Police used rubber bullets to break up looters in Alexandra township north of Johannesburg, authorities have said. Mobs have attacked migrant-owned shops in various areas around the city.
Wave of anti-immigrant attacks, which has so far left six people dead, caused fresh violence around the South African capital of Johannesburg early Saturday.
Small groups of rioters targeted shops in other areas around the city, police said.
Police were out in force in the impoverished township of Alexandra, according to media reports, after looters built barricades and burned tires during the night. Security forces had to fire rubber bullets in order to disperse the rioters, police spokesman Lungelo Dlamini told AFP news agency.
"More than 30 people were arrested last night. At this stage the situation is calm but we plan to increase our deployment," he said.
"They are going to be charged for public violence, malicious damage to property, house breaking and theft," he said.
Cars and shops belonging to immigrants were torched in central Johannesburg during recent days.
Outrage among neighbors
The xenophobic attacks started in the eastern coastal city of Durban several weeks ago, after the Zulu king Goodwill Zwelithini was reported to have said that foreigners must "take their bags and go."
The king later dismissed the claims and urged the population to be calm, saying that he had only referred to foreign nationals who were committing crimes. However, the wave of violence continued to spread, claiming six lives in Durban and forcing thousands of migrants to take refuge in makeshift camps.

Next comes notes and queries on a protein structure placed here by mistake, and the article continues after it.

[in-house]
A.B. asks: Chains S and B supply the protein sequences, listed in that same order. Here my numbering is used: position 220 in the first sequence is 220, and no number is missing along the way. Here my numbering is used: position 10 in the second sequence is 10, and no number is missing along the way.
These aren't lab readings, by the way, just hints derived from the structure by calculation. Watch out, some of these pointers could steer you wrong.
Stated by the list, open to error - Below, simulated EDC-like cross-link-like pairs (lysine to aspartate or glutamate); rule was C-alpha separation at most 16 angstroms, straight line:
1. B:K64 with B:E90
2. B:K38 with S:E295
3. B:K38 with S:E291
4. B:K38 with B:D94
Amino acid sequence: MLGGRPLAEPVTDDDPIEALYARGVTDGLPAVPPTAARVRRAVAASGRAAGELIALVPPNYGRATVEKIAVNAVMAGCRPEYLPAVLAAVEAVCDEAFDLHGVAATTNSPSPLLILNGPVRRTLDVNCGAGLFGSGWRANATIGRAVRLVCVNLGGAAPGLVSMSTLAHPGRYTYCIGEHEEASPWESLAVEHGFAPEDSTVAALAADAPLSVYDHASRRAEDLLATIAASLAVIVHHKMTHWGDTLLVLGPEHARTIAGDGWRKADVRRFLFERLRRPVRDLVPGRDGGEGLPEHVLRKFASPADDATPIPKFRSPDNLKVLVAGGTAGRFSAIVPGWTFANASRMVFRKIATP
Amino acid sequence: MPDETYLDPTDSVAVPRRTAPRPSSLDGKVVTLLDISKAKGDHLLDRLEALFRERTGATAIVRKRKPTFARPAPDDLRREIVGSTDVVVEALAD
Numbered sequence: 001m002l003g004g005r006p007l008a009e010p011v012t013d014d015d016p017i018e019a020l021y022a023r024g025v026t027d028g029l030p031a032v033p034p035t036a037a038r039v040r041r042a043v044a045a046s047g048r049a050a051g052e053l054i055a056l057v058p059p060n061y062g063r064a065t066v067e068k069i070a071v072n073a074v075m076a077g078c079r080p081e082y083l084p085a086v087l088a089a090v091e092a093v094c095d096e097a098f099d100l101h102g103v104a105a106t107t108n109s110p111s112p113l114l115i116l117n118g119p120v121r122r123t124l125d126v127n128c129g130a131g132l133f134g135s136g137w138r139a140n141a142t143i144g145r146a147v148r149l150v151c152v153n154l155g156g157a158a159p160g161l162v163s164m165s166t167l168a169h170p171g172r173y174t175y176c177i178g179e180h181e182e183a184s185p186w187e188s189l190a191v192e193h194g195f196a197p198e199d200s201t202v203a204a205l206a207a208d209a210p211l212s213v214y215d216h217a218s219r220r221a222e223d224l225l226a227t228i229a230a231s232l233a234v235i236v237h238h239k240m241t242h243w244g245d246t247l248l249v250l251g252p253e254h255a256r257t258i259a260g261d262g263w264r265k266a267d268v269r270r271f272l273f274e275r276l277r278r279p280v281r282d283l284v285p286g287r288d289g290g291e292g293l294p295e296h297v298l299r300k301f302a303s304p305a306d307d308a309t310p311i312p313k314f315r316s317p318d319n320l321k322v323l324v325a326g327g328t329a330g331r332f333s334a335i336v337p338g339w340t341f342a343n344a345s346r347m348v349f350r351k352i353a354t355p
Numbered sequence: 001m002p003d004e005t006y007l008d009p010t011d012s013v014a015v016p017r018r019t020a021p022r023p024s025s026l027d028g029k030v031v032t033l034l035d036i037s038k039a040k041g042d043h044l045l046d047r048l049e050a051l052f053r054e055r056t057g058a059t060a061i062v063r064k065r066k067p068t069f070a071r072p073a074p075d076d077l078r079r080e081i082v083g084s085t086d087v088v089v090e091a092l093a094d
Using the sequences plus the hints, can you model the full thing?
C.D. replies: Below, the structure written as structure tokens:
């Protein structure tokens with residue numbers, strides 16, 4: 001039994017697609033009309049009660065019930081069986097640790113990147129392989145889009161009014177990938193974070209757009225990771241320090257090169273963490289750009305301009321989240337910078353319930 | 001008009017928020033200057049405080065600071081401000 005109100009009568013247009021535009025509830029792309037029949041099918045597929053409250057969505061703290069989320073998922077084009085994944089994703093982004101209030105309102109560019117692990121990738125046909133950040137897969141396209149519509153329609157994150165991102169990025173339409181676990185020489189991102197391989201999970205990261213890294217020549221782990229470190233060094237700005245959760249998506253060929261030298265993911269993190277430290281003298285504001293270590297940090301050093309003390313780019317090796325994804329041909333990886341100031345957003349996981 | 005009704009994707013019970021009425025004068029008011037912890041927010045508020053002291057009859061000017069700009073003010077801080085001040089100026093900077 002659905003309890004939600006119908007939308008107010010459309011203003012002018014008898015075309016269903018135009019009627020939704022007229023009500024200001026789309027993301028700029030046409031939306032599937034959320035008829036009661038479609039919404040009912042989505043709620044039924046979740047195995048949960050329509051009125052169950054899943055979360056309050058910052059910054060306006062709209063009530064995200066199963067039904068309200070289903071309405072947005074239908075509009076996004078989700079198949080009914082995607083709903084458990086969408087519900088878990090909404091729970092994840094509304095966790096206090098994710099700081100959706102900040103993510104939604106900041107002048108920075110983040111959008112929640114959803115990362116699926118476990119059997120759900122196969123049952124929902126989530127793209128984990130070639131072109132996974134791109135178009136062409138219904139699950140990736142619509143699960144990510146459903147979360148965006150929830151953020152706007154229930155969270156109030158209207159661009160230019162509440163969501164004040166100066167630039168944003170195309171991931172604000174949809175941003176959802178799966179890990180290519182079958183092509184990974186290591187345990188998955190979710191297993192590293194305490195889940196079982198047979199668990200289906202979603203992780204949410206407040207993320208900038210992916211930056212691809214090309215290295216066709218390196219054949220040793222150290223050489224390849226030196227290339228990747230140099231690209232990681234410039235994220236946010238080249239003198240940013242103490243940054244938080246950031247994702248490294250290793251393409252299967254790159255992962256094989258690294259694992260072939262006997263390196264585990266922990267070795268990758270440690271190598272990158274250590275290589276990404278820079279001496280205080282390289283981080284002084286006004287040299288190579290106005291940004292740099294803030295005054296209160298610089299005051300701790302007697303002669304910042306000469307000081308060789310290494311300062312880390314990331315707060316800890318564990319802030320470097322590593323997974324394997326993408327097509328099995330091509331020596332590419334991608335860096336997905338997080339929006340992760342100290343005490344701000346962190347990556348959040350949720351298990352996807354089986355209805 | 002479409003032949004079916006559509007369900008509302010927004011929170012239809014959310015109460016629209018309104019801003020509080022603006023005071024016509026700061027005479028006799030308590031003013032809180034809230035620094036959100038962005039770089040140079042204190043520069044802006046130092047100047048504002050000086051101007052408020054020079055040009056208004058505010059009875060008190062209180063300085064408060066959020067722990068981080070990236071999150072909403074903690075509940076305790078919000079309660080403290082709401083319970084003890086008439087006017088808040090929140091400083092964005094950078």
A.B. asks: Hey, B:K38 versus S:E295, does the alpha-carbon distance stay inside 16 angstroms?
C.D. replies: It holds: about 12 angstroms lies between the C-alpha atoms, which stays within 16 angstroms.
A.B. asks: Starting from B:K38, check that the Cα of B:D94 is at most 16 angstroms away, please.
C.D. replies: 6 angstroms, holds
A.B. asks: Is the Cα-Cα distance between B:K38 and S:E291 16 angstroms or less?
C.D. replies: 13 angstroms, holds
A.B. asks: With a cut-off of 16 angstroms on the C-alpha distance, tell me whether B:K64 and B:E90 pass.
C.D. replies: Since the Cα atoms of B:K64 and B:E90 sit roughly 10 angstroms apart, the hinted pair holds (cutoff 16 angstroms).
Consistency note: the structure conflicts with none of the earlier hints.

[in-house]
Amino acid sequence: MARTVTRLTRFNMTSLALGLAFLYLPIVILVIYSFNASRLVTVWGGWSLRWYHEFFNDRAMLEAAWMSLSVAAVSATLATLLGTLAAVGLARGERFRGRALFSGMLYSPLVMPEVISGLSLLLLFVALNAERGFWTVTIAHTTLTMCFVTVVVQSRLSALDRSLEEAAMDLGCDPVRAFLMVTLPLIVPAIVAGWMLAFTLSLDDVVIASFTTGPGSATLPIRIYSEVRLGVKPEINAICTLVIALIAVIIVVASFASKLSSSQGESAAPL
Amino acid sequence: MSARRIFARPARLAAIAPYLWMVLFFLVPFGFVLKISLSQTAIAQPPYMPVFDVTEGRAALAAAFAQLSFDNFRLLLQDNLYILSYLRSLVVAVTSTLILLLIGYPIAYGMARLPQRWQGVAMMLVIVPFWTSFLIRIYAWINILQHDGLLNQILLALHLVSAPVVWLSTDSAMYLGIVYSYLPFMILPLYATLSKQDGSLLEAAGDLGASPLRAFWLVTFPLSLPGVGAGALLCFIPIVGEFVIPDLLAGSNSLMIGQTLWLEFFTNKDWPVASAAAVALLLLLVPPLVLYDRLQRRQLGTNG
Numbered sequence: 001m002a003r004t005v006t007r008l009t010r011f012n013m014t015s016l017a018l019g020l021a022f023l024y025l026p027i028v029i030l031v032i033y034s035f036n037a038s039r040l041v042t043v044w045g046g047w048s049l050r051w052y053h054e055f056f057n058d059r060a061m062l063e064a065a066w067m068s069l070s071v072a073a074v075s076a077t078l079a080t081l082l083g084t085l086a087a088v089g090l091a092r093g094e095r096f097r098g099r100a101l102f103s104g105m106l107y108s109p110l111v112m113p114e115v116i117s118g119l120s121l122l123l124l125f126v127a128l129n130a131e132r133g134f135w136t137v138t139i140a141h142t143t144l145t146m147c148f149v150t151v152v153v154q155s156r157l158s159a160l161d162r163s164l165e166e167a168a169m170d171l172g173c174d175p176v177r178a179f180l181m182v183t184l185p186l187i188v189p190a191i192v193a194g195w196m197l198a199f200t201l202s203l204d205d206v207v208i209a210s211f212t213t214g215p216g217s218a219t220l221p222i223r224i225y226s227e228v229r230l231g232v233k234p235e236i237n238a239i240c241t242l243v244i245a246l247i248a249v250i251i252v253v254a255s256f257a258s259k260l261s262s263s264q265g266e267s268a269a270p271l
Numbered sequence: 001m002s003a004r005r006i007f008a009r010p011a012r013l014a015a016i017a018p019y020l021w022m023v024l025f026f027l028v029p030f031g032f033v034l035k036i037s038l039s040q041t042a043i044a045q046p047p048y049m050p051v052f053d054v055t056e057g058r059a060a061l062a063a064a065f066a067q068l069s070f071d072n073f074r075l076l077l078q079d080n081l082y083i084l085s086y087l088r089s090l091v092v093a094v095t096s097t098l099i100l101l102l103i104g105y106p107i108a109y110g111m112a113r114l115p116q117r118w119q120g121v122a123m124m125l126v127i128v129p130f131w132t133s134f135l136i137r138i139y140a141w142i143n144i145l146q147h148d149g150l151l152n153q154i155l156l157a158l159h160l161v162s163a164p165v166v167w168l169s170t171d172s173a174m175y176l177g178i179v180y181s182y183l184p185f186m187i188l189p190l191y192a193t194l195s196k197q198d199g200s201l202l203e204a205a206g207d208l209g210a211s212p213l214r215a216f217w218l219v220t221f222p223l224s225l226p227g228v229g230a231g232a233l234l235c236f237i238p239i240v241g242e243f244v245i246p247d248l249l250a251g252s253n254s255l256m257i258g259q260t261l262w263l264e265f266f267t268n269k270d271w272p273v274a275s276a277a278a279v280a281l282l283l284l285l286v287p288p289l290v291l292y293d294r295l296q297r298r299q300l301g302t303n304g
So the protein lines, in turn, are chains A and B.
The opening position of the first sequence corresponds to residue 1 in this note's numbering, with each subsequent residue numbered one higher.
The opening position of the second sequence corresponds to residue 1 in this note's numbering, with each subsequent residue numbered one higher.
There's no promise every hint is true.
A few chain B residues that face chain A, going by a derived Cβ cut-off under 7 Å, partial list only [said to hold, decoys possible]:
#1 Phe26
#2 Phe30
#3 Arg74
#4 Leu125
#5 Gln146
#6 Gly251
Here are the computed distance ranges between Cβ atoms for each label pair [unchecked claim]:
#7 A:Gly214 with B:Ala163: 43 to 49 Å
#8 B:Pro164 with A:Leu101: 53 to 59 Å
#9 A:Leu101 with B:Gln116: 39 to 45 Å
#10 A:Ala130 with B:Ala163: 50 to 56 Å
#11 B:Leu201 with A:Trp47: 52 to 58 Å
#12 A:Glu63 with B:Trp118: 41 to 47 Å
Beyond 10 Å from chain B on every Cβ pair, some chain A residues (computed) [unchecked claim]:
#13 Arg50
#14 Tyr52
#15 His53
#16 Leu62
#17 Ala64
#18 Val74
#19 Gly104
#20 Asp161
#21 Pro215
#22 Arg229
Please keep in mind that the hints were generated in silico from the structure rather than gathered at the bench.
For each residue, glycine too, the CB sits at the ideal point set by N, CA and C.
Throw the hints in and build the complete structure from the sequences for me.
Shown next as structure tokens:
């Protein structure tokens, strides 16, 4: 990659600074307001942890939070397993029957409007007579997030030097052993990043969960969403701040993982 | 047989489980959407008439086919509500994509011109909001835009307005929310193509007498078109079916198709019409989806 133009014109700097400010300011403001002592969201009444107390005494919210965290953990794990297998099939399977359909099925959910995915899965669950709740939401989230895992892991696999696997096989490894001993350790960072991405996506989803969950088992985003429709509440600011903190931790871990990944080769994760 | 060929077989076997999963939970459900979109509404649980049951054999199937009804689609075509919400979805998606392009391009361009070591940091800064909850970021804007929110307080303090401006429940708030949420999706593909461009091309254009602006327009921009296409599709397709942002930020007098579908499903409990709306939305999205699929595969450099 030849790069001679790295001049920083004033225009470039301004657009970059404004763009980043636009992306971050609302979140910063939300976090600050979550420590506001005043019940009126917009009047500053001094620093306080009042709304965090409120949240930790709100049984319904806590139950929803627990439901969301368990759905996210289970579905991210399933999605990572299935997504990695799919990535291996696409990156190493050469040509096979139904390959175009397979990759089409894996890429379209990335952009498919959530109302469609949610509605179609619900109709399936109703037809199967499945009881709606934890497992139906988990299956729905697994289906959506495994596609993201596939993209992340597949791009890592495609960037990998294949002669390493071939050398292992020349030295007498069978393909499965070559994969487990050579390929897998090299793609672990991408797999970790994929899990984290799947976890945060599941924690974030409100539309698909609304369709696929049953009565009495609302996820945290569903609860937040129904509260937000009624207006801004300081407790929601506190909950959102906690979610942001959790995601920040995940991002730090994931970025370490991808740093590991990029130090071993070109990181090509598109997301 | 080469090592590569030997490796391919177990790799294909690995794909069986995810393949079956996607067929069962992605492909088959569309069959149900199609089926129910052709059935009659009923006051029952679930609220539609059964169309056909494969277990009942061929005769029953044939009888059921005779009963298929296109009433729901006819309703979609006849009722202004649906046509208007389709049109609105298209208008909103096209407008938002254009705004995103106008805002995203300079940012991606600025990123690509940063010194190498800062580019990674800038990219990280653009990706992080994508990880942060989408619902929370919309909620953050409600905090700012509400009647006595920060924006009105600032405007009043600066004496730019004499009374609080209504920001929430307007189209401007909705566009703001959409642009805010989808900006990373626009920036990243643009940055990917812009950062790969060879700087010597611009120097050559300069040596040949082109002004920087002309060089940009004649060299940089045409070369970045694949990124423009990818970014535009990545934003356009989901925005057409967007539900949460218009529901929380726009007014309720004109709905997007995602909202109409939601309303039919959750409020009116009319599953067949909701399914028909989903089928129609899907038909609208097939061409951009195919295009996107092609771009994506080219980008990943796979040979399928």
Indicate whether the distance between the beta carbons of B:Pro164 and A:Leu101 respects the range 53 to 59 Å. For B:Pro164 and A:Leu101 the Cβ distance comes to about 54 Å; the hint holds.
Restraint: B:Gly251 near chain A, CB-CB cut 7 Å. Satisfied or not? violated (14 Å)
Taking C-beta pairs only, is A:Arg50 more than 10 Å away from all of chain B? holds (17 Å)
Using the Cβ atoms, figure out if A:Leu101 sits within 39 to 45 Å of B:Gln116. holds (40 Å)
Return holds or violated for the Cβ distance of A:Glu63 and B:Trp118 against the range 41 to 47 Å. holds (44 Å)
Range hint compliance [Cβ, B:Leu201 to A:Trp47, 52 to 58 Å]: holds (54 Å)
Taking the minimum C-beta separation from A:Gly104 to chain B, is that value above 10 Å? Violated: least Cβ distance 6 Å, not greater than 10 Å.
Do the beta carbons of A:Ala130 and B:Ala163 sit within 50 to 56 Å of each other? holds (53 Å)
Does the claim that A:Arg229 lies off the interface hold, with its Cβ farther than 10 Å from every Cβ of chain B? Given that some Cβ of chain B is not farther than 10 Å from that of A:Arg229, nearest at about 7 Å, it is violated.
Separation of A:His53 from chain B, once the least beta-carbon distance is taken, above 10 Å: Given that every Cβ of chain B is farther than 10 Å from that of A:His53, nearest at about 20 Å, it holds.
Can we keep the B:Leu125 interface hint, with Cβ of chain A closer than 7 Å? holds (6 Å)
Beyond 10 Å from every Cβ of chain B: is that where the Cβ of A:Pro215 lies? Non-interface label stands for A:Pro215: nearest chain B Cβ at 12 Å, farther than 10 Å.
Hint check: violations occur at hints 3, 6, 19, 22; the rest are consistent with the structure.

The riots have also sparked international outrage with Zimbabwe, Malawi and Mozambique announcing plans to evacuate their citizens. UN refugee agency UNHCR also criticized the attacks, saying it was "extremely concerned."
The resentment in the countries neighboring South Africa is additionally aggravated by the fact that they took in thousands of exiles from South Africa during the apartheid era.
String of attacks
South Africa has a population of roughly 52 million people, with some 5 million immigrants, mostly from other parts of Africa, living in the country. Despite a relatively successful economy, the country is burdened by high unemployment and some immigration critics contend that the foreign workers are taking jobs and opportunities away.
Several foreigners have been killed in the township of Soweto, south of Johannesburg, in a separate wave of attacks in January. Roughly 60 people died in similar unrest in 2008.
dj/kms (AP, AFP)